2017 Toyota Prius Prime is the new Plug-In: 22 mile EV range, 120 MPGe
Today at the New York Auto Show Toyota unveiled the all-new 2017 Prius Prime. The Prime is the new Prius that replaces the “Prius Plug-In.” This plug-in hybrid electric vehicle will have a new 22 mile EV range, doubling the outgoing model’s. Even more impressive, the folks at Toyota estimate that the new Prius Prime will be rated at 120 MPGe.
In October of 2013, the Prius Plug-in was the top-selling EV in America. During its run, the Prius Plug-In was often the number three selling EV in America, and it had many months where it was the number two EV for sales. These days, CARB and other groups are upping the incentives for battery electric vehicles. Thus, plug-in hybrids like the Prius Prime are now at a disadvantage. It will be interesting to see how the car sells. With a higher cost of energy per mile to run an EV on electricity than to run a hybrid on gasoline in some key markets, a slow launch might be a fair estimate.
Toyota says that if its estimates are correct, the Prius Prime will be the most efficient plug-in hybrid in its class. Toyota expects that its efficiency when operating as a hybrid vehicle will equal that of its non-plug-in Prius Liftback, so 52 MPG City and 52 MPG combined. Just as an aside, the 2016 Prius Eco is currently rated at 58 MPG City and 56 MPG combined.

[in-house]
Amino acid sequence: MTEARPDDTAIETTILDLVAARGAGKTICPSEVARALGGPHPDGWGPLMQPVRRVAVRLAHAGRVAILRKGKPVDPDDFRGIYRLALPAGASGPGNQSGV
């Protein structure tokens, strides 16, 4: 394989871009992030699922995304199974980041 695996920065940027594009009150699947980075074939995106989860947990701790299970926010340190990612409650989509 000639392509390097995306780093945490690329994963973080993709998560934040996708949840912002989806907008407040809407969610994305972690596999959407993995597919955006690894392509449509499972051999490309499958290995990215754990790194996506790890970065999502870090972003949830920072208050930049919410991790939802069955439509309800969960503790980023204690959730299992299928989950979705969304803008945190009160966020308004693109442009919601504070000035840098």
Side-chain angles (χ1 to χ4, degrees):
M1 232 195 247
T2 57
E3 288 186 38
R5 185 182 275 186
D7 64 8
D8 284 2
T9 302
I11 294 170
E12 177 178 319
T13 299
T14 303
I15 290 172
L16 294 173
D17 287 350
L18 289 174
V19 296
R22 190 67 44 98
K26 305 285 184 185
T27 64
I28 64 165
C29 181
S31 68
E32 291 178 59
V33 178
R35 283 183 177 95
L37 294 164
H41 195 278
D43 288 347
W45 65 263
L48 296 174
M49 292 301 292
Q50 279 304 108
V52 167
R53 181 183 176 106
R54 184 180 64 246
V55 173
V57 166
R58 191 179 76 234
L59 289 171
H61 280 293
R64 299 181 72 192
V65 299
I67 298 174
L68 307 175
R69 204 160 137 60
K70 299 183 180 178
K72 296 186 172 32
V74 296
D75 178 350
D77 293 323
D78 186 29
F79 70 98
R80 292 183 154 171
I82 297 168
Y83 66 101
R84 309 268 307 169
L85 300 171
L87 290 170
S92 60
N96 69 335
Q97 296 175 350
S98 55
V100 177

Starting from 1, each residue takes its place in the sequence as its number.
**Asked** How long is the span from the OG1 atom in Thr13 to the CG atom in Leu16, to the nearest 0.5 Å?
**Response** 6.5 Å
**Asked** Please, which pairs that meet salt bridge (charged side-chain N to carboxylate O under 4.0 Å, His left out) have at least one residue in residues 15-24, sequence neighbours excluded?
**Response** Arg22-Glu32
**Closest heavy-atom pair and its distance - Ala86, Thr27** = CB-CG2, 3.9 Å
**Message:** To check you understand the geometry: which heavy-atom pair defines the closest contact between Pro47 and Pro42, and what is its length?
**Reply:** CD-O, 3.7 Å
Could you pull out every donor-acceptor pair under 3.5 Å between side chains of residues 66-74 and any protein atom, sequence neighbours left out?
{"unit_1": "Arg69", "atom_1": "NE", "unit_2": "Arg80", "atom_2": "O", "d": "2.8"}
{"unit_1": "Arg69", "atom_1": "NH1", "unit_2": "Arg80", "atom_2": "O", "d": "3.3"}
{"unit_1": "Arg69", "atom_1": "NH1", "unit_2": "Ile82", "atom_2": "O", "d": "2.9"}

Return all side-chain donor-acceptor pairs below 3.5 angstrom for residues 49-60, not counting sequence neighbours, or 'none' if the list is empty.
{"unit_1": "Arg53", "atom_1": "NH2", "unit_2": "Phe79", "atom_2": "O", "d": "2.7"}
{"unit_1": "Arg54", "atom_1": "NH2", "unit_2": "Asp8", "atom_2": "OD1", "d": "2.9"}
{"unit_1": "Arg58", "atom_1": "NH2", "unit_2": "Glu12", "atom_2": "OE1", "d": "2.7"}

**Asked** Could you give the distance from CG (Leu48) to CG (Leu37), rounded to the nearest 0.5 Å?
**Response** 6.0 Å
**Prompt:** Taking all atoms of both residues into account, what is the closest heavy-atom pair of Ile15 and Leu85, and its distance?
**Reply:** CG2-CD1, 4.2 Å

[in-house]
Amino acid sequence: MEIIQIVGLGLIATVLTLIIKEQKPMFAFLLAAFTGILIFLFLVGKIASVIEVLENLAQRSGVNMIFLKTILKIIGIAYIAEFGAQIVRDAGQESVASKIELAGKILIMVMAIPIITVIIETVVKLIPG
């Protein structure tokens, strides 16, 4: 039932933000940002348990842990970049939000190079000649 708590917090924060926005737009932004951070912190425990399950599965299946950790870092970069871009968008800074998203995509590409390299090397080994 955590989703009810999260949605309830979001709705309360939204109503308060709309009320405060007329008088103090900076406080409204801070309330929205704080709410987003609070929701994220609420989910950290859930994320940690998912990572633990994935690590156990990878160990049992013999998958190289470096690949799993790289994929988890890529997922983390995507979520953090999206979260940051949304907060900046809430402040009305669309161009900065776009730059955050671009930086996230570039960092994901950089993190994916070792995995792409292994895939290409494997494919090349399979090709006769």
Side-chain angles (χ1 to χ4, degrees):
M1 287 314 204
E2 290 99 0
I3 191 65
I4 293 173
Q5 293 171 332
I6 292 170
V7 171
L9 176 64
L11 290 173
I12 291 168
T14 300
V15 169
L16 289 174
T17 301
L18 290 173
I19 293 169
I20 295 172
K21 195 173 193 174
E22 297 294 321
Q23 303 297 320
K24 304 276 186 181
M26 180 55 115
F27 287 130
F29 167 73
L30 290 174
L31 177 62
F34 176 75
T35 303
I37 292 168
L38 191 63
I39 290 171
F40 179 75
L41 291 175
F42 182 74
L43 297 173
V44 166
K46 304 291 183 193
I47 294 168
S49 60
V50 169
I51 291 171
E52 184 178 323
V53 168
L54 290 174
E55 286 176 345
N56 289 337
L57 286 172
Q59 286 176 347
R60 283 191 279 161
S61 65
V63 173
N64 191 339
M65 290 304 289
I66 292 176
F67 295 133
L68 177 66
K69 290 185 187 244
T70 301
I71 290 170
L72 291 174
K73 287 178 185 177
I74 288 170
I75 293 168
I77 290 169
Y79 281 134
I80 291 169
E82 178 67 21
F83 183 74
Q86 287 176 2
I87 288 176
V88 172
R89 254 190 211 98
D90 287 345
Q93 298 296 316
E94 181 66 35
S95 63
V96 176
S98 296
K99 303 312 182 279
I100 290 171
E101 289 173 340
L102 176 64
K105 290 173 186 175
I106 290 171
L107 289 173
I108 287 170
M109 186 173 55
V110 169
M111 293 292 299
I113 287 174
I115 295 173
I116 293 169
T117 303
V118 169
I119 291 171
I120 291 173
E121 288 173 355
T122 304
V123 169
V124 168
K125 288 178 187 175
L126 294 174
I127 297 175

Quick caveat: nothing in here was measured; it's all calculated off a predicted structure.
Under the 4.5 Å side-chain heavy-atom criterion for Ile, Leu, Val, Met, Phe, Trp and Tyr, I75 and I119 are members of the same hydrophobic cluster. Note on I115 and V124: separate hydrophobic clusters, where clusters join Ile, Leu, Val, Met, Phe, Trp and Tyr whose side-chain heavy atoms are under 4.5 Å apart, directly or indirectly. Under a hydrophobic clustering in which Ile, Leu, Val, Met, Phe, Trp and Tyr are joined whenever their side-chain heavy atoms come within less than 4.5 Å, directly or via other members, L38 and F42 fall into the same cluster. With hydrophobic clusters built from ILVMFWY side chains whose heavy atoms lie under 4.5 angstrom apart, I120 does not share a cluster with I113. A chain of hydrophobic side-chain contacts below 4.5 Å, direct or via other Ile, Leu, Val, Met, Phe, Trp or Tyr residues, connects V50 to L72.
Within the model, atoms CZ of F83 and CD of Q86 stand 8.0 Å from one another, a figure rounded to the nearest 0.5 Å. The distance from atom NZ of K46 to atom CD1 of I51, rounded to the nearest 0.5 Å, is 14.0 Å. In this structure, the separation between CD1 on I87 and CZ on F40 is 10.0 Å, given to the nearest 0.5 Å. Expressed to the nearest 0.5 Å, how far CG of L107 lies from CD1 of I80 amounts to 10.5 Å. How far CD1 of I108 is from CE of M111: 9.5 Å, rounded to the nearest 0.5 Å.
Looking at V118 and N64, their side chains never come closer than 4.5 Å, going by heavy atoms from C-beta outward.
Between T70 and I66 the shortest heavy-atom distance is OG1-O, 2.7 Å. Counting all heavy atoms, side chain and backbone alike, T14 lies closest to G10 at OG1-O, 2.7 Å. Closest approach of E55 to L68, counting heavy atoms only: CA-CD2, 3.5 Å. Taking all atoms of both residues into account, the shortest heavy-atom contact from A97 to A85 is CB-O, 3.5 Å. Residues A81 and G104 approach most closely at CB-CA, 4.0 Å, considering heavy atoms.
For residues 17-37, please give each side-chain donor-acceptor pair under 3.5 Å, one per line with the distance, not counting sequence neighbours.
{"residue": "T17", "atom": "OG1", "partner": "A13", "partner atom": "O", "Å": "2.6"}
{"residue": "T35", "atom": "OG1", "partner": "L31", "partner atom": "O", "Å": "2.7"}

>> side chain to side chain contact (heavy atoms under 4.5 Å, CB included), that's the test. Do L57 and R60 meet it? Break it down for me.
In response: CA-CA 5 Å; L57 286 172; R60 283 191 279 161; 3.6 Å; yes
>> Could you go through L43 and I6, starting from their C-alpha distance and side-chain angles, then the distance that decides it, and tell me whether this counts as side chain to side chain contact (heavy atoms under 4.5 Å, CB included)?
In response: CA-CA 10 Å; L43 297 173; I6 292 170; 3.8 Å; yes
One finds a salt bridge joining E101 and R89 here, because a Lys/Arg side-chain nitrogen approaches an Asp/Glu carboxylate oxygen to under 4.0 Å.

Toyota says that the 22-mile EV-only range is usable at speeds up to 84 MPH. Because the Prius Prime has a smaller (and lighter) 8.8 kWh battery pack than do battery electric vehicles (BEVs), the Prius Prime can charge at home or work in under three hours on a 240V circuit, or 5.5 hours on a standard 120V AC line. The last BEV we tested took over 14 hours to charge that way. Range is estimated at an amazing 600 miles on a full charge and with a full tank of gasoline.
Like the current and former Prius, the Prius Prime will have advanced forward collision prevention available. Thus, it will continue to be eligible for the IIHS Top Safety Pick Plus rating, something most popular BEVs, such as the Nissan Leaf, are not able to earn.
Image Courtesy Of Toyota